BELGRADE (Reuters) - Serbian lawmakers urged autonomy for ethnic Serbs in Kosovo on Sunday, after Prime Minister Ivica Dacic conceded Serbia’s sovereignty over its former province was all but lost.
Kosovo declared independence five years ago, in the wake of a 1998-99 war that pitted its ethnic Albanian majority against Belgrade. Serbia says it will never recognize the secession and continues to partly control a northern, Serb-populated pocket of the new country.
After more than 12 hours of debate, parliament adopted a resolution calling for broad autonomy for ethnic Serbs within the legal framework of Kosovo - implicit recognition of the authority of the Kosovo government over its entire territory.
One analyst called the resolution a “milestone”, but hardline Serbian nationalists accused the government of betrayal at the behest of the European Union, which has said membership talks for Serbia depend on improved relations with Kosovo.
“Belgrade never before accepted Pristina’s jurisdiction over Serb-held northern Kosovo,” said Marko Prelec of the Brussels-based International Crisis Group think-tank.
The resolution reiterates that Serbia will never recognize the country of 1.7 million people as independent, but Dacic warned on Saturday that Belgrade could no longer afford “to keep its head in the sand”.
“Serbian sovereignty over Kosovo is practically non-existent,” he told lawmakers, saying Serbs in Kosovo needed institutions of government that would be recognized by all sides, including Kosovo Albanians.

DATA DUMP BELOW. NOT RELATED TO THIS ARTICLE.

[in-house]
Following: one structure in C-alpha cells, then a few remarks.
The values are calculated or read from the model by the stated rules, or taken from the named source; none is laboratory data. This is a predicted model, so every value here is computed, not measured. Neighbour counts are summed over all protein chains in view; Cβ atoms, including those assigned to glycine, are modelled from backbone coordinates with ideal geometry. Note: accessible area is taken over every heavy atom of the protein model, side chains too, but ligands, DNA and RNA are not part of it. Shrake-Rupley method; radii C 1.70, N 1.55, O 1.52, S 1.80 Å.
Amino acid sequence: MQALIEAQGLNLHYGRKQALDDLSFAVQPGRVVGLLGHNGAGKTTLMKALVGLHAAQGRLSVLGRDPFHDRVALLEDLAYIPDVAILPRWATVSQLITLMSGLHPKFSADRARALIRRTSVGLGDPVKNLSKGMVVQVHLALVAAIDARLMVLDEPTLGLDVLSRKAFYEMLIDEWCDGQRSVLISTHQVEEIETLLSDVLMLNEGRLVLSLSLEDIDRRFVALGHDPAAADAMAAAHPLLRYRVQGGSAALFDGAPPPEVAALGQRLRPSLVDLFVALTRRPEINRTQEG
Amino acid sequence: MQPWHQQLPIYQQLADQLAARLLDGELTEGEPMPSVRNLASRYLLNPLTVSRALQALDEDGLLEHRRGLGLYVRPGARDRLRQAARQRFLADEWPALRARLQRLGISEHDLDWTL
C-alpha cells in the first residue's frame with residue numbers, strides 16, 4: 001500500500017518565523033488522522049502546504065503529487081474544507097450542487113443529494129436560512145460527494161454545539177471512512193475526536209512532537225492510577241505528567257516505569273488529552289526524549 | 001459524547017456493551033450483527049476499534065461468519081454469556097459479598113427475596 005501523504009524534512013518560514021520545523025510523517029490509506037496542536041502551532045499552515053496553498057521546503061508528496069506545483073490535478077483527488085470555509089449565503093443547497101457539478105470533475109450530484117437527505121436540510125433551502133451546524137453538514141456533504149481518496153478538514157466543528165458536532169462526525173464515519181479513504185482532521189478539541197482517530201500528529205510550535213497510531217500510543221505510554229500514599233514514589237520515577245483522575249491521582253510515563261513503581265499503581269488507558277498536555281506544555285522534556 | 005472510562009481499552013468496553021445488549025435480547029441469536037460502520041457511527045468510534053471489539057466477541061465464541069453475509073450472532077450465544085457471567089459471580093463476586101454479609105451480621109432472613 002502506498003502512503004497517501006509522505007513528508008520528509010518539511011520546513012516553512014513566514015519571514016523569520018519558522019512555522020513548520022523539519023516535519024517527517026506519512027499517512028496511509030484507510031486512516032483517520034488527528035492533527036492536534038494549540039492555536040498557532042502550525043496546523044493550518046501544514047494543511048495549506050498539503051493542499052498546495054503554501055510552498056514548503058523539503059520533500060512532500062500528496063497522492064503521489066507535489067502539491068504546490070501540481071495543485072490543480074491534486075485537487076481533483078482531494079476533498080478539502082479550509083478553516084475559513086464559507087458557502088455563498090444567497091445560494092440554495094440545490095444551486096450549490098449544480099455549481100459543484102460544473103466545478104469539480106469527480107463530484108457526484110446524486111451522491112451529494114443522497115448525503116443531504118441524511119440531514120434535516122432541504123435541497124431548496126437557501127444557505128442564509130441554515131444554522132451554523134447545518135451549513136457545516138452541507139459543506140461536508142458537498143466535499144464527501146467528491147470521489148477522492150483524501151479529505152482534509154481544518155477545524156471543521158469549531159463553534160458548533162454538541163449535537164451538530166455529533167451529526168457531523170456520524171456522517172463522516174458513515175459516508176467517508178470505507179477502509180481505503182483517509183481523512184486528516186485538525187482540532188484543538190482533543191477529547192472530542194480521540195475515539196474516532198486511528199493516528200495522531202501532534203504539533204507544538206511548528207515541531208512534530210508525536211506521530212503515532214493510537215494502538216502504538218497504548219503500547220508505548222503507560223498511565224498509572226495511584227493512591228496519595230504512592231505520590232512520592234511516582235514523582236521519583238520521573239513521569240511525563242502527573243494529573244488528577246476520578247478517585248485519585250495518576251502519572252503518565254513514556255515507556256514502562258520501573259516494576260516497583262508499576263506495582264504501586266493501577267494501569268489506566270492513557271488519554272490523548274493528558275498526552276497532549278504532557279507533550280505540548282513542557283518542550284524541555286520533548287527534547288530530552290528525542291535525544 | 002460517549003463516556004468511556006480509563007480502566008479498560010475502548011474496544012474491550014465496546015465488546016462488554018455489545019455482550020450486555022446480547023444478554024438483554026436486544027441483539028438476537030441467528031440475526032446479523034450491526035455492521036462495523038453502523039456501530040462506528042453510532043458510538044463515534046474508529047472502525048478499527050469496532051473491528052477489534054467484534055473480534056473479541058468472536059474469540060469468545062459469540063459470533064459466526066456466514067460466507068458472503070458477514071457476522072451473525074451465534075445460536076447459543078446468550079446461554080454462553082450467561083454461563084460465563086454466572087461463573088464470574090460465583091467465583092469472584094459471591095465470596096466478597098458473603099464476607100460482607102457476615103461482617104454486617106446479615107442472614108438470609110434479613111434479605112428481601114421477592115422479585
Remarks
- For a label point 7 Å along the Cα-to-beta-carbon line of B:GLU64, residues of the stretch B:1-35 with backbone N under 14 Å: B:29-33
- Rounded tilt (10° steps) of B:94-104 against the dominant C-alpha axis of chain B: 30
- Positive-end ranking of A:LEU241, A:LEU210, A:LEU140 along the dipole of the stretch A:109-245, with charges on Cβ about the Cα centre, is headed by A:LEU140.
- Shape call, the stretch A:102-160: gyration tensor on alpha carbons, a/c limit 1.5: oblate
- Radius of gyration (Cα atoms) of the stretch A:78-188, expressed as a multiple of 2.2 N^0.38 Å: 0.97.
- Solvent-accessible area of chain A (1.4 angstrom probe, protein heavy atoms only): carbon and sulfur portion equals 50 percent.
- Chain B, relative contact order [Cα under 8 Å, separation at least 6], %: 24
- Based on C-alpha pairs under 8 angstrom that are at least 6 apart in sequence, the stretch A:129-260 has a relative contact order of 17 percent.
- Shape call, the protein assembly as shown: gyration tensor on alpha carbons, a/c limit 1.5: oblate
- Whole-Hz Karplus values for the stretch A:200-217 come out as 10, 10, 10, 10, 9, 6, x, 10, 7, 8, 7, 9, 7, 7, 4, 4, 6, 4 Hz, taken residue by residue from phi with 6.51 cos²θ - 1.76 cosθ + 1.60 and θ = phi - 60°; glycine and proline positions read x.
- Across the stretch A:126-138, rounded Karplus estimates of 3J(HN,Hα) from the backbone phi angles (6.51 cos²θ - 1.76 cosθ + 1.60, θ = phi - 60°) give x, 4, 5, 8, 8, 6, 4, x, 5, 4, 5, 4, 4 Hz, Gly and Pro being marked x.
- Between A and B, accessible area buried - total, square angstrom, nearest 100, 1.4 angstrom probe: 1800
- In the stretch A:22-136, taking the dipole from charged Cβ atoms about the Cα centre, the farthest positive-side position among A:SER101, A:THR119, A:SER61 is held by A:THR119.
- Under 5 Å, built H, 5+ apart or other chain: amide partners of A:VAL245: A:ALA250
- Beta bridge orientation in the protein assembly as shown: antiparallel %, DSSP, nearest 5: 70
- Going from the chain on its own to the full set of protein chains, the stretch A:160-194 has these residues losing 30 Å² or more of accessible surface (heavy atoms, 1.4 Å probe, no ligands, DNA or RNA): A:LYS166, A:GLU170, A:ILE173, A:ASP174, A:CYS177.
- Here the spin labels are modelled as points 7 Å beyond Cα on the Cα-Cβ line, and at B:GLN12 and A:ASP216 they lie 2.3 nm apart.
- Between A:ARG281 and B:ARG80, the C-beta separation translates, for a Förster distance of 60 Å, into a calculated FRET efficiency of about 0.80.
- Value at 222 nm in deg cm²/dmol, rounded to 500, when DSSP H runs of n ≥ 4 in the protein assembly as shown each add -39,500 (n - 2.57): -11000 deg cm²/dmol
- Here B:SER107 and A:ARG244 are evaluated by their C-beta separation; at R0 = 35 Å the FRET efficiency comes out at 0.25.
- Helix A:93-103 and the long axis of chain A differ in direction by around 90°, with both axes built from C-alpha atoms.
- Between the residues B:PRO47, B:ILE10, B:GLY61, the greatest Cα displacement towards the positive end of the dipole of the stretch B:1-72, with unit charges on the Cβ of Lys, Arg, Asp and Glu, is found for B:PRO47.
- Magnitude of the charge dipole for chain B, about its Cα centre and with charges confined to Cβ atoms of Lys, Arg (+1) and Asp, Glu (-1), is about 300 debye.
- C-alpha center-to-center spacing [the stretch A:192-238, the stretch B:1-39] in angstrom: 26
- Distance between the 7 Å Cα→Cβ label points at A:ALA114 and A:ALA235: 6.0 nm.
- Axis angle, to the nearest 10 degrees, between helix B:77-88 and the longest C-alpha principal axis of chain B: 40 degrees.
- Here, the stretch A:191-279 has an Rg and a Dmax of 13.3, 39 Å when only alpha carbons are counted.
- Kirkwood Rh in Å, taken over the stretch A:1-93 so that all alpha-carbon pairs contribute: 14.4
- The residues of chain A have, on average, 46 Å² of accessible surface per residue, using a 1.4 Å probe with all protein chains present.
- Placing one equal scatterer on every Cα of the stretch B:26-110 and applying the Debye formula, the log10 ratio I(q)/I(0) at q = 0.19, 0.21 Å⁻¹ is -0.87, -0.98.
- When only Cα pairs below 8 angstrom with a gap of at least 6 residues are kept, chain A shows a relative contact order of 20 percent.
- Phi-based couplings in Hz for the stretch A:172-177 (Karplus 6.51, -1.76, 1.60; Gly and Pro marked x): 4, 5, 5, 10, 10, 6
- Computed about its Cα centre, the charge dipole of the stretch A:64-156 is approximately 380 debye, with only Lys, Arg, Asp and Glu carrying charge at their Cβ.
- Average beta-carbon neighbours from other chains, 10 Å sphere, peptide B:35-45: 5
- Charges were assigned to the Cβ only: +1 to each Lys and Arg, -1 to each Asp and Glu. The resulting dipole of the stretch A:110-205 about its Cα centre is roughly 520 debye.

Backed by the West, Kosovo declared independence in 2008, nine years after NATO bombing of Serbia forced it to withdraw its troops from the province. More than 90 countries have recognized the young country.
The EU, which made Serbia an official candidate for accession last year, is pressing Dacic’s government to loosen its hold on north Kosovo and establish functional, neighborly relations with its former province, even without recognizing it as independent.
EU foreign policy chief Catherine Ashton is chairing talks between Dacic and his Kosovo counterpart, former guerrilla commander Hashim Thaci, which resume on January 17 in Brussels.
Kosovo has ruled out any special status for the mainly Serb north, but has been unable to bring the region under its control. The north currently operates in a legal limbo, financed and controlled in part from Belgrade.
The Serbian parliament resolution says Serbs in Kosovo should have autonomy over courts, police, education, energy and a range of other sectors - a level of power that the West fears will amount to ethnic partition of Kosovo.
A senior Western diplomat, speaking on condition of anonymity, said some of the demands “don’t look as if they could ever be discussed in any real world”.
But, he added, “If you take a step back, there’s actually been a lot of progress.”
Editing by Andrew Roche